I may not agree with that guy, but I can love him as a neighbor. I won’t agree with what he’s suggesting, and I would stand between him and a friend should he pose a threat or my friend threaten him. Violence works both ways, and it’s not the way of love. It gets complicated fast, and it demands our sense of presence and awareness to truly see the love of God in all things and above all things.

That’s what all of this love business is about: manifesting the power of God’s love in our lives.

In society it looks like justice. In relationships it looks like mutual respect and nonviolence. In our education it looks like wisdom. In our prisons it looks like reconciliation and redemption. At our table it looks like radical hospitality.

All of this is readily available to us, just waiting on the next willing heart to open to receive the power of the Holy Spirit. What’s to come when we unlock the love of God in our lives truly surpasses our understanding, but it might be something like joy made complete.

 

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Written on our Hearts

Jeremiah 31:31-34 | Psalm 51:1-13 | Hebrews 5:5-10 | John 12:20-33

On this fifth Sunday in Lent, it seems like being so far into the wilderness journey that I should be bowing my head parched in penitence, wearing my sackcloth and ashes. Especially revisiting Psalm 51, the same psalm we recite as we receive the imposition of ashes on Ash Wednesday. But I got to attend an ordination this weekend, and to me those services are nearly as joyful as baptisms. I get giddy with joy, even though I know the life in ministry is full of its own trials and tribulations. The bishop ordained six new deacons into the church, one of whom was our own Greg Warren, and it was a delight, honor, and privilege to serve as one of his presenters, alongside Mark. This solemn-joyful contrast reminded me of the video I sent out along with the newsletter this week, the one where Jesus needs some time alone and embarks on the forty days in the desert. Along his way, halfway through, he finds a flower, another day he chases birds, gazes at the sunset, or whistles with a bird. These are portrayed as pleasant experiences, in sharp contrast to the circling vultures, chapped lips, and tests of Satan.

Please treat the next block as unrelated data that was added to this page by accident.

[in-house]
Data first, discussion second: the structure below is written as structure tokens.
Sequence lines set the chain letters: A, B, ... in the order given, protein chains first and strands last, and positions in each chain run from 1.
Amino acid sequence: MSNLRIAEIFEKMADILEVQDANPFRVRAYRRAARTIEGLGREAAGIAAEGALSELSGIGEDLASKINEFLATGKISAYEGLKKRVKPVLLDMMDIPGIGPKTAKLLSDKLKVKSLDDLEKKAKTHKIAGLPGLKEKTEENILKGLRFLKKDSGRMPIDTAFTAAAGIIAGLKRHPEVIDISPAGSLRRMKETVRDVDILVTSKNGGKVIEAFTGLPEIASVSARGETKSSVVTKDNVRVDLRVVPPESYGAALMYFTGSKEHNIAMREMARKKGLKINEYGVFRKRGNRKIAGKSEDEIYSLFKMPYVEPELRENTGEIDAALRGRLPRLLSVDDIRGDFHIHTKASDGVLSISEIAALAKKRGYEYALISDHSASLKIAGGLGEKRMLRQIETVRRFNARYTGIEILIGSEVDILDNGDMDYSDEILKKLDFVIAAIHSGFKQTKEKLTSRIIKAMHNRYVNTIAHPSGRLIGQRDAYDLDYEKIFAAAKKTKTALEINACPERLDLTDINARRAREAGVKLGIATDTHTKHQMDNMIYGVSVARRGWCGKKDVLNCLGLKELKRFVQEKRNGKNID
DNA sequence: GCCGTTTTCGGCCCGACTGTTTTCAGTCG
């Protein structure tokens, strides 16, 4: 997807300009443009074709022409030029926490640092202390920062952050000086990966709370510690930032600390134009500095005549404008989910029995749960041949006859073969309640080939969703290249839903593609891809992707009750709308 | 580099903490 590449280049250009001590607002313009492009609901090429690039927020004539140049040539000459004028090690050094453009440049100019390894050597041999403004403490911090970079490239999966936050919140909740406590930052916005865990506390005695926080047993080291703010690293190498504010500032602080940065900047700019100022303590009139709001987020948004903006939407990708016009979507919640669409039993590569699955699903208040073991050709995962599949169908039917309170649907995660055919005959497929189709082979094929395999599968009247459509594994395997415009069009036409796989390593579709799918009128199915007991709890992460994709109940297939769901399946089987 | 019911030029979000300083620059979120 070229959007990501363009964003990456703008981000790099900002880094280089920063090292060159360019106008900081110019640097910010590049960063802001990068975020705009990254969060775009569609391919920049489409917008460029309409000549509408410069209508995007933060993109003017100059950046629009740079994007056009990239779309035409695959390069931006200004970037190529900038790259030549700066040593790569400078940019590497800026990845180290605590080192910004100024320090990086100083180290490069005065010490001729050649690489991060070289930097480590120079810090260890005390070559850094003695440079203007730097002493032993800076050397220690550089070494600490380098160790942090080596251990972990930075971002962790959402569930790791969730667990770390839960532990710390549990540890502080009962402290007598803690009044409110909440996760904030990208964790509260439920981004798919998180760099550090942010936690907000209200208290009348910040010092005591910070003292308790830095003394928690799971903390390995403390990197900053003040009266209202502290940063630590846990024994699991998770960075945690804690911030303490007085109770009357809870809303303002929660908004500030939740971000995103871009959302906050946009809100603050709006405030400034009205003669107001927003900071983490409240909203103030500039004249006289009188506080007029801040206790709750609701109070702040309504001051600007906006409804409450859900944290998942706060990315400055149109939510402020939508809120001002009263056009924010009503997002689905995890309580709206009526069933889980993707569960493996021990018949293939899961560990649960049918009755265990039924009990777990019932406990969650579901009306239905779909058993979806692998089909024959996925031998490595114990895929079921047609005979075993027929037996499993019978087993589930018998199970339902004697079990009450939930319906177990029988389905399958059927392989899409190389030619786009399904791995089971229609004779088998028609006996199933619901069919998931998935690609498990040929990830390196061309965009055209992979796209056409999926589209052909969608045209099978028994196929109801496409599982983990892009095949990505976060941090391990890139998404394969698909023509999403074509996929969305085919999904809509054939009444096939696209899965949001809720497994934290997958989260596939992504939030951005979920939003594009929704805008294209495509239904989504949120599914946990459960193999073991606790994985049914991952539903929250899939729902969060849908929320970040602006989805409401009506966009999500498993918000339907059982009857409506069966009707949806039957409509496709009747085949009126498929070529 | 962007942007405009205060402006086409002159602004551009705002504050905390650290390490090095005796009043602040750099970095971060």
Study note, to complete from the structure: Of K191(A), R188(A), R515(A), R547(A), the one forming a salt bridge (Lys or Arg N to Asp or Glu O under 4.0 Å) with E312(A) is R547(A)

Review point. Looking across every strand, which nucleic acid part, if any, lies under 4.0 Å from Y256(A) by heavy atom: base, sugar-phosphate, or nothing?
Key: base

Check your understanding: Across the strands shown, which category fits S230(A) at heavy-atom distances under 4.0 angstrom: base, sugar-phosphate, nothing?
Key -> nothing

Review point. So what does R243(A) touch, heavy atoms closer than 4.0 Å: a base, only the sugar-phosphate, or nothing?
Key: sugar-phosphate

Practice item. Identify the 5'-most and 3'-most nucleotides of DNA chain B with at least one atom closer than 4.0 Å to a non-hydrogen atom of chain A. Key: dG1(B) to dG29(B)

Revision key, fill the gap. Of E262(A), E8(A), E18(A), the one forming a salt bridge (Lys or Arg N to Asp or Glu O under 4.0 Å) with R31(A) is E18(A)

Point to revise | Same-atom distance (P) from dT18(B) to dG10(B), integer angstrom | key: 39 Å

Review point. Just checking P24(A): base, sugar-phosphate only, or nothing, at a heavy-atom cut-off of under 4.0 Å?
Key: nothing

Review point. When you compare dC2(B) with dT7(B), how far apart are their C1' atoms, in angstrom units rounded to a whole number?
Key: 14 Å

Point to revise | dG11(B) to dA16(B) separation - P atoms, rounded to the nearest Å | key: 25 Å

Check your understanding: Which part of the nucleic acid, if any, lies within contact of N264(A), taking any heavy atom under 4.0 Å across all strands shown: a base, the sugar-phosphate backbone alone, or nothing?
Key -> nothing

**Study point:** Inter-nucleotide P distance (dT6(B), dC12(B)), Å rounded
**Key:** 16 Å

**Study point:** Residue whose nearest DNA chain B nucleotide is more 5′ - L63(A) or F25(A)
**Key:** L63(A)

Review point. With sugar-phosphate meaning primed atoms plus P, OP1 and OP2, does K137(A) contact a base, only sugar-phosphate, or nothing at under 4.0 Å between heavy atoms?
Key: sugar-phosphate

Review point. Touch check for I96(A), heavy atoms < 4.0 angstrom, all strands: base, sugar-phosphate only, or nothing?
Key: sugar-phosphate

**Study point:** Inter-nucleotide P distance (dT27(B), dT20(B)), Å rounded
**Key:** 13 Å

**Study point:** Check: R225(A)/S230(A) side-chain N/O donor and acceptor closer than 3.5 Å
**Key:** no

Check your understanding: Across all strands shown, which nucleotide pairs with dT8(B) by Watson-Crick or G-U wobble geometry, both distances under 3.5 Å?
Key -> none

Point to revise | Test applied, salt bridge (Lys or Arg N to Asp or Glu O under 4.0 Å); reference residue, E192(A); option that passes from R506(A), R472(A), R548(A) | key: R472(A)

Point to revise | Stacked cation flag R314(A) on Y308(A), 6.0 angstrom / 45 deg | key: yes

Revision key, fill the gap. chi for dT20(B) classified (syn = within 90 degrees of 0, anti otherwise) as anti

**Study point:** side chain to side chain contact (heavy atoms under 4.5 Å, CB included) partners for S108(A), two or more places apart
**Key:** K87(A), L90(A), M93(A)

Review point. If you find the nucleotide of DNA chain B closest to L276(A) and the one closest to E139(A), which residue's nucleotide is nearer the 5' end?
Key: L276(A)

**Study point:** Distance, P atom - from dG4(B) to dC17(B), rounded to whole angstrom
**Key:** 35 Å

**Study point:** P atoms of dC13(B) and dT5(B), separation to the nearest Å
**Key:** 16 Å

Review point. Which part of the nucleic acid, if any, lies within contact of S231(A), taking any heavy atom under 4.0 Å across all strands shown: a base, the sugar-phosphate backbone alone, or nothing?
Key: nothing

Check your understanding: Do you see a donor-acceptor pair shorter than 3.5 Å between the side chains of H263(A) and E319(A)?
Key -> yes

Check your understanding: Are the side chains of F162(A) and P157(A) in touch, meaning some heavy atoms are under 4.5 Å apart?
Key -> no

Just because we’re going through a season of acknowledging our sins, of recounting the commandments, of bowing before the Lord in prayer . . . this doesn’t mean that there won’t also be moments of wonder, delight, awe, and even joy. This is life, right? If you’ve ever gone on a strict diet or done a cleanse (I’ve only really done it once or twice), after the first three days of feeling really yucky, there’s a sense of clarity that arrives with being more healthy.

Having let go of that which we don’t need, there’s a lightness and new perspective that’s especially focused around that which we really need.

The Greeks on their way to a festival decided they needed to see Jesus. They did what any of us would do: they go up to someone like them who has a connection to the one they seek. Philip then goes to Andrew, and then they go to Jesus who then says the time has come and again remarks about the kind of death he would die. We don’t know if the Greeks got to see Jesus, but something about their seeking was enough to signify to Jesus that the time was ripe, that his mission was drawing near to completion. For no longer was it just the inner circles who were hearing the message of Jesus; news about the new Way was touching the hearts and minds of others. There was a desire to see Jesus.

When I think about where desire comes from, I think it comes from somewhere deep within. I think of desire as a yearning of the heart. For those of us who just can’t stay away from the church even when we’ve gotten mad or doubted or just wanted to be lazy on Sunday morning, maybe we feel a connection to the Israelites upon whose hearts the LORD had written the law so that God would ever be their God and they God’s people. This was a new covenant for the Israelites because it focused on an internal knowing and God’s forgiveness–not a new law but a new covenant, one that indicated an inward transformation of the human heart that (would) allow the people to know God intimately and to be obedient to the commandments.” This sounds strikingly familiar to us Christians who believe God sent Jesus Christ to bring us a new covenant that transforms the lives of those who believe and commands us to love.